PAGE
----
We have witnessed a shift in the business strategies of such TechFin players and observed how they have been expanding into B2B models as well, providing businesses with their proprietary tech. Among these, some B2C companies in particular – like the ones we’ve listed above – have stood out for their efforts in the B2B space. So, what are some of the **offerings and associated products these companies have come up with to compete in the B2B arena? Let’s take a look:
Ping An: Established in China in 1988, Ping An is a company that provides customers with a range of financial products and services that include insurance, banking, and investment. Ping An’s FinTech subsidiary ‘OneConnect’ provides SaaS solutions across AI, blockchain, cloud computing, and biometrics to small and medium-sized financial institutions.
ZhongAn: ZhongAn, a Chinese online-only insurance company, was established in 2013. Its subsidiary, ZhongAn Technology, was established in 2016.
Alibaba: Based out of China and founded in 1999, Alibaba is one of the world’s largest companies. It specializes in the areas of e-commerce, retail, Internet, and technology. Through its various subsidiaries, Alibaba provides companies with the technology infrastructure and marketing reach to help businesses to engage with their users and customers and operate in a more efficient way. Alibaba’s businesses are made up of core commerce, cloud computing, digital media and entertainment, and innovation initiatives. In 2004, Alibaba launched Alipay, a third-party mobile and online payment platform.
Banks don't want to be left behind – there is a time-to-market pressure. And building 3-1-0-like products (Alibaba’s lending innovation) is not easy. Due to the proliferation of the API-driven approach, it is easier to build products by leveraging existing tech stacks compared to building one from scratch.
Furthermore, TechFins – like the ones above – have understood that embracing a B2B approach not only helps to bring in added revenue but can also help them gain access to a wider customer base through co-branding opportunities. On the other hand, this approach provides a tech advantage to corporate customers (banks, insurers, etc.), especially in developing markets. It’s very clear that we are standing on the cusp of a mega-trend among TechFins expanding into the B2B space. This comes at a time when B2B FinTech startups are growing rapidly and mushrooming in numbers.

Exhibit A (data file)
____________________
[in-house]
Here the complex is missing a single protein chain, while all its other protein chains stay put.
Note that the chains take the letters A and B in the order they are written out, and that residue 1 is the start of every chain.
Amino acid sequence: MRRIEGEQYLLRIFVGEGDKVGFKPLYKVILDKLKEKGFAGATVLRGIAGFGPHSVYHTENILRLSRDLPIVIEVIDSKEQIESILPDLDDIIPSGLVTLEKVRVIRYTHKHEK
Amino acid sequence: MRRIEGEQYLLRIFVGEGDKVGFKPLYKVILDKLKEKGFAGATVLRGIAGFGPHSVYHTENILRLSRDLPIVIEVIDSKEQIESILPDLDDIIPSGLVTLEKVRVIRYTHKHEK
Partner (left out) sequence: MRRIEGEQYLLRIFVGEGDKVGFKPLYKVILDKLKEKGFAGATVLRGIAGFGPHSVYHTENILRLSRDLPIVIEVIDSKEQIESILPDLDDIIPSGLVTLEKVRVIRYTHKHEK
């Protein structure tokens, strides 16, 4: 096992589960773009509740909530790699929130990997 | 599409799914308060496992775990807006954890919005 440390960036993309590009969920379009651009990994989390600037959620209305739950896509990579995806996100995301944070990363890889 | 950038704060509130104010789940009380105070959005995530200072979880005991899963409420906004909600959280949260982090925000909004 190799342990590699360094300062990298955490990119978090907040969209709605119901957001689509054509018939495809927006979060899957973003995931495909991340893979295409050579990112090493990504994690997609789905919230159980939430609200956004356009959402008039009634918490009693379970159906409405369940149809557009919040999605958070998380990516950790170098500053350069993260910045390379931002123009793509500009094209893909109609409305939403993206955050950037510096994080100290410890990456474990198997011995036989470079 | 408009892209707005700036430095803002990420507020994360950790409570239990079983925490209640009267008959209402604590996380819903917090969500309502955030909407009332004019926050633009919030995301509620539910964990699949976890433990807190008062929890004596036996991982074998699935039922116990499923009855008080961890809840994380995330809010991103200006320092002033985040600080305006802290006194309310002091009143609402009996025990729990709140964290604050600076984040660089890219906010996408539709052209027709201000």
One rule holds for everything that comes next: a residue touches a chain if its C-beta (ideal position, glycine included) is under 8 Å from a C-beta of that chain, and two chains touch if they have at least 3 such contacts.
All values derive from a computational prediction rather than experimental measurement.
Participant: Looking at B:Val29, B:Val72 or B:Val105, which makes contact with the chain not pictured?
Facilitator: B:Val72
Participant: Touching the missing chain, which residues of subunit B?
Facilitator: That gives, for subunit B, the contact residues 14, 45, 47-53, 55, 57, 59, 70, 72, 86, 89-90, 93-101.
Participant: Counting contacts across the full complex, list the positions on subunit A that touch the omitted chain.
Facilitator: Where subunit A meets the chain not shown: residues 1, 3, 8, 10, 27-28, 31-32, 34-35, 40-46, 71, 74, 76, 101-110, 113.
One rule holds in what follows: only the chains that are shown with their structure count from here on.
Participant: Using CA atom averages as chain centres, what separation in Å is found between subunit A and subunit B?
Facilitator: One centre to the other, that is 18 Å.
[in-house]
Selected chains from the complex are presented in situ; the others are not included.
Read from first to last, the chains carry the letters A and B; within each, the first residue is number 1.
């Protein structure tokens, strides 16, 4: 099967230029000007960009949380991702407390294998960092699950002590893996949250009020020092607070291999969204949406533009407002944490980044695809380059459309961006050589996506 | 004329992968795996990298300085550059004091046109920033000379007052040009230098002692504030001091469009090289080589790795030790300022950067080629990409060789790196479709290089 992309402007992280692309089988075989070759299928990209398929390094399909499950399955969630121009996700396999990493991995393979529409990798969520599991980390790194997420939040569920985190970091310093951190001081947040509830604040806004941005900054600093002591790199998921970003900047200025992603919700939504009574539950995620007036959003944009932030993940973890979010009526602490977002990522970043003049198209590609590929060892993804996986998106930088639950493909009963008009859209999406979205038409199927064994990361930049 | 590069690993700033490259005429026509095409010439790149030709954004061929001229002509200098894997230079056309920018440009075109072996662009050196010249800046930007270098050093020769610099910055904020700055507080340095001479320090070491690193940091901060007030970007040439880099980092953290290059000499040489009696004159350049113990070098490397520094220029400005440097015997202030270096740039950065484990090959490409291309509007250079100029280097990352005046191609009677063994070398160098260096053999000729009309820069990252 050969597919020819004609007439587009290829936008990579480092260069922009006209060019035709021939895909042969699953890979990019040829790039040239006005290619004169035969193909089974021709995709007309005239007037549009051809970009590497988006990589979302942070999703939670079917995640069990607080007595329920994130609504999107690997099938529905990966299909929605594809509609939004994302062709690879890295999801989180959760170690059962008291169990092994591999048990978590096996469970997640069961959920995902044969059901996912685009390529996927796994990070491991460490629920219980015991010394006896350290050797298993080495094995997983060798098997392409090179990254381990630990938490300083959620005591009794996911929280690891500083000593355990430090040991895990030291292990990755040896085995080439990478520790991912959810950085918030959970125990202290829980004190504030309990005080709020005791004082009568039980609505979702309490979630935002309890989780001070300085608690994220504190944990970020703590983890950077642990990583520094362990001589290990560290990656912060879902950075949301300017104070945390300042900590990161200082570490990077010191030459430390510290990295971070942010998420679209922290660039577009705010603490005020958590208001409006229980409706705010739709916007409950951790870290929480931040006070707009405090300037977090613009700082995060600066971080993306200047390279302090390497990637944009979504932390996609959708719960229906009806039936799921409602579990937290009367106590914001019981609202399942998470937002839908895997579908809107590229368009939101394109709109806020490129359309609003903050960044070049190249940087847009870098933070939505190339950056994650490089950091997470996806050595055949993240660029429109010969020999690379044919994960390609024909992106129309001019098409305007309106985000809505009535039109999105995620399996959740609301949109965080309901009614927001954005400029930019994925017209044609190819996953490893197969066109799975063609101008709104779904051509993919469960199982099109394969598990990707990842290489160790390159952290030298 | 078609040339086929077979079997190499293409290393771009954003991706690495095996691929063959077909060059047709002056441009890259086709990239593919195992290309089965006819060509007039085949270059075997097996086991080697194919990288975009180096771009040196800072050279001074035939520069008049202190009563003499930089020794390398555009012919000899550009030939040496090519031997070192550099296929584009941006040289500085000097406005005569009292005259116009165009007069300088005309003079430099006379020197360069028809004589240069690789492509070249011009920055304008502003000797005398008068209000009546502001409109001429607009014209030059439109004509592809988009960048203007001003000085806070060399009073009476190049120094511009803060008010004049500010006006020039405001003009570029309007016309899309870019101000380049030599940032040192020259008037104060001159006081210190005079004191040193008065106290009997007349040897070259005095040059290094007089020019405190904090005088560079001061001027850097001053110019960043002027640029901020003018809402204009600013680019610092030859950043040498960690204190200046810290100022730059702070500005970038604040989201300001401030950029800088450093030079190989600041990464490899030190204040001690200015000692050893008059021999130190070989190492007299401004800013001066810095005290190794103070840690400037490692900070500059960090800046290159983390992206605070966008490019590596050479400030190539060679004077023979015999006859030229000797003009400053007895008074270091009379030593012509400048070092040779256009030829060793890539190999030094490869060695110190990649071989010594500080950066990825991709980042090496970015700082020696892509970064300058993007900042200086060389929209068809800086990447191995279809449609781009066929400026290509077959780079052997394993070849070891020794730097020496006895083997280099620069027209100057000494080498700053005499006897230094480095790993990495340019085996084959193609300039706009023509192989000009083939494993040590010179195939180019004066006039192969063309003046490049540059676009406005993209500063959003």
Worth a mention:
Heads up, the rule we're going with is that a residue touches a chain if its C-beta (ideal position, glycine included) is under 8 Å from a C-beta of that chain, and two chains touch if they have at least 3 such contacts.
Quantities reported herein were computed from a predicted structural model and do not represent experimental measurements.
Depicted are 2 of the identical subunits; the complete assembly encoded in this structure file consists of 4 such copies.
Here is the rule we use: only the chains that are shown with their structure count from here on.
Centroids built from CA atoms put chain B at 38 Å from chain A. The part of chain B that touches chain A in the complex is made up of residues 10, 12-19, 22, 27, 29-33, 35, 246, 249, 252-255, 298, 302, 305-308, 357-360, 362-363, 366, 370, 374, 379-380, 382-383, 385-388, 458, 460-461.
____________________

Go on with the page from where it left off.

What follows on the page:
Earlier this year, we wrote about how (although B2C FinTechs were everybody’s darling traditionally) the emergence of new technologies, changing market landscapes, regulatory scenarios, and other factors are playing an important role in the surge of B2B FinTech funding globally. Against this background, we also discussed the manner in which the growth of FinTech funding for companies in the B2B space has been experiencing an upward trend with recent analyses finding enterprise financial services & integration, online financial services, enterprise financial software, and Software-as-a-Service (SaaS) risk management as some of the hottest spots for investors this year. TechFins seem to be following this positive trend by expanding into the B2B space. It’s likely that the horizon is already behind us and we’re in the thick of it at this very moment.
Do you know of other B2C companies that have been moving towards B2B models with a focus on FinServ? Do write to us and let us know! In the meanwhile, we will keep following the latest developments in this space and bring you more on this in a follow-up story soon.